For each subject, the anxiety score (x value) and the

square of the test score (x2 value) are also shown. In

addition, special sums are shown.

We will outline the procedure for single-factor ANOVA in six

steps. Each step will contain general methods and rationale

appropriate to all single-factor ANOVA tests.

12

contd

specific reference example.

Our application of ANOVA has three basic requirements. In

a general problem with k groups:

13

contd

The purpose of an ANOVA test is to determine the

existence (or nonexistence) of a statistically significant

difference among the group means.

In a general problem with k groups, we call the (population)

mean of the first group , the population mean of the

second group 2, and so forth.

The null hypothesis is simply that all the group population

means are the same.

14

contd

k groups of measurements comes from normal,

independent distributions with common standard deviation,

the null hypothesis states that all the sample groups come

from one and the same population.

The alternate hypothesis is that not all the group population

means are equal. Therefore, in a problem with k groups,

we have

15

contd

of the means are not equal. If more than two of the means

are unequal, the alternate hypothesis is, of course, satisfied.

In our dream problem, we have k = 3; 1 is the population

mean of group I, 2 is the population mean of group II, and

3 is the population mean of group III.

Therefore,

H0: 1 = 2 = 3

H1: At least two of the means 1, 2, 3 are not equal.

16

contd

significance.

Notice that only one test is being performed even though

we have k = 3 groups and three corresponding means.

Using ANOVA avoids the problem mentioned earlier of

using multiple tests.

17

contd

The concept of sum of squares is very important in

statistics. We used a sum of squares to compute the

sample standard deviation and sample variance.

sample standard deviation

sample variance

The numerator of the sample variance is a special sum of

squares that plays a central role in ANOVA.

18

contd

name SS (for sum of squares).

(2)

following, simpler formula is equivalent to Equation (2) and

involves fewer calculations:

(3)

19

contd

because it is easier to use than Equation (2).

groups.

20

contd

Using the specific data given in Table 10-17 for the dream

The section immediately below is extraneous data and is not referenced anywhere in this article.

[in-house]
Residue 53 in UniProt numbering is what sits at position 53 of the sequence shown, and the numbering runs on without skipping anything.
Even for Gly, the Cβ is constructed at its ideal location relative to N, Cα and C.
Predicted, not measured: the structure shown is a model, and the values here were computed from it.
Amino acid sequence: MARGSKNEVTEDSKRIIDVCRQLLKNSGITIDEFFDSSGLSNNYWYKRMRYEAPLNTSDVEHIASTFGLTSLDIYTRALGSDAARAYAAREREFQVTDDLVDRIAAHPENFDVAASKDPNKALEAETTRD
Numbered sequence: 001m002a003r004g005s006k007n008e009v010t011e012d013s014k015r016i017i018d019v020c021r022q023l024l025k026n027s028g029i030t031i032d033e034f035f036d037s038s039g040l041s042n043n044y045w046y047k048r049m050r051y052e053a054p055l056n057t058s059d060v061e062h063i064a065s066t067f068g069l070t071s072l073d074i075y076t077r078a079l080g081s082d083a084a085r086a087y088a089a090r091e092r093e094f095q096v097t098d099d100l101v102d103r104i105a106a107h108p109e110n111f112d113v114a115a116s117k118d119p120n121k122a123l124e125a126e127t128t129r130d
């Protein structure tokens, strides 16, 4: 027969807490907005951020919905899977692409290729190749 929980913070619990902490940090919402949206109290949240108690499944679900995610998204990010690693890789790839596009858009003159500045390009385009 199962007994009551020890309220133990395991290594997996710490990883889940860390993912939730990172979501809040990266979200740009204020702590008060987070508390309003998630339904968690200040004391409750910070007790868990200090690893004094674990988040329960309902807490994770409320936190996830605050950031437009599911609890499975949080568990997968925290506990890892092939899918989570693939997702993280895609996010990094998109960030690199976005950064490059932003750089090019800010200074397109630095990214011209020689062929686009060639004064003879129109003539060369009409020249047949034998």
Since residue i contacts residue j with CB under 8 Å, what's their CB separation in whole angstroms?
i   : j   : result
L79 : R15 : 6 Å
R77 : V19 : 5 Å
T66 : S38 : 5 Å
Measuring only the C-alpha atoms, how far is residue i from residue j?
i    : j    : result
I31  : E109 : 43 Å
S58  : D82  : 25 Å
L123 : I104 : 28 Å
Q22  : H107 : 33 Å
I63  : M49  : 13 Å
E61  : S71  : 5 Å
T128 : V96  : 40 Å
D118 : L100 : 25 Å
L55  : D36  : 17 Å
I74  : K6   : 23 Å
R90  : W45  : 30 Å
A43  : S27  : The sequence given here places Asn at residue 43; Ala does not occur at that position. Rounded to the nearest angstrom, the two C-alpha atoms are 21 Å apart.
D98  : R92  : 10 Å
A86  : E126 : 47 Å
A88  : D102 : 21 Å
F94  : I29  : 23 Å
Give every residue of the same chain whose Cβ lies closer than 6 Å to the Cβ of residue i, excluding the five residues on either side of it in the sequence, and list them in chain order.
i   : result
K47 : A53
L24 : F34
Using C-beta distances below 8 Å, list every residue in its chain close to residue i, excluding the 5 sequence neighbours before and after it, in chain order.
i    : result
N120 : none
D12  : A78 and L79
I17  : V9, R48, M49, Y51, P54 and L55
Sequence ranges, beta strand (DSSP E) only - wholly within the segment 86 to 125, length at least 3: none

example, we have

k=3

Table 10-17

21

N = n1 + n2 + n3 = 6 + 7 + 5 = 18

contd

22

contd

The numerator for the total variation for all groups in our

dream example is SSTOT = 134. What interpretation can we

give to SSTOT?

If we let

then

Under the null hypothesis (that all groups come from the

same normal distribution), SSTOT =

represents the numerator of the sample variance for all

groups.

23

contd

Total variability can occur in two ways:

24

contd

whether or not to reject the null hypothesis.

Therefore, our next two steps are to compute these two

quantities.

25

contd

We know that

is the mean of all x values from all

groups. Between-group variability (SSBET) measures the

variability of group means. Because different groups may

have different numbers of subjects, we must weight the

variability contribution from each group by the group size ni.

= sample mean of group i

= mean for values from all group

26

contd

for SSBET in the following computationally easier form:

where, as before, N = n1 + n2 + + nk

xi = sum of data in group i

xTOT = sum of data from all groups

27

contd

have

Table 10-17

28

contd

SSBET = 70.038

29

contd

We could find the value of SSW by using the formula

relating SSTOT to SSBET and SSW and solving for SSW:

SSW = SSTOT SSBET

However, we prefer to compute SSW in a different way and

to use the preceding formula as a check on our

calculations.

SSW is the numerator of the variation within groups.

30

contd

due to chance create the variability assigned to SSW. In a

general problem with k groups, the variability within the ith

group can be represented by

31

contd

and we are seeking SSW, the variability within all groups,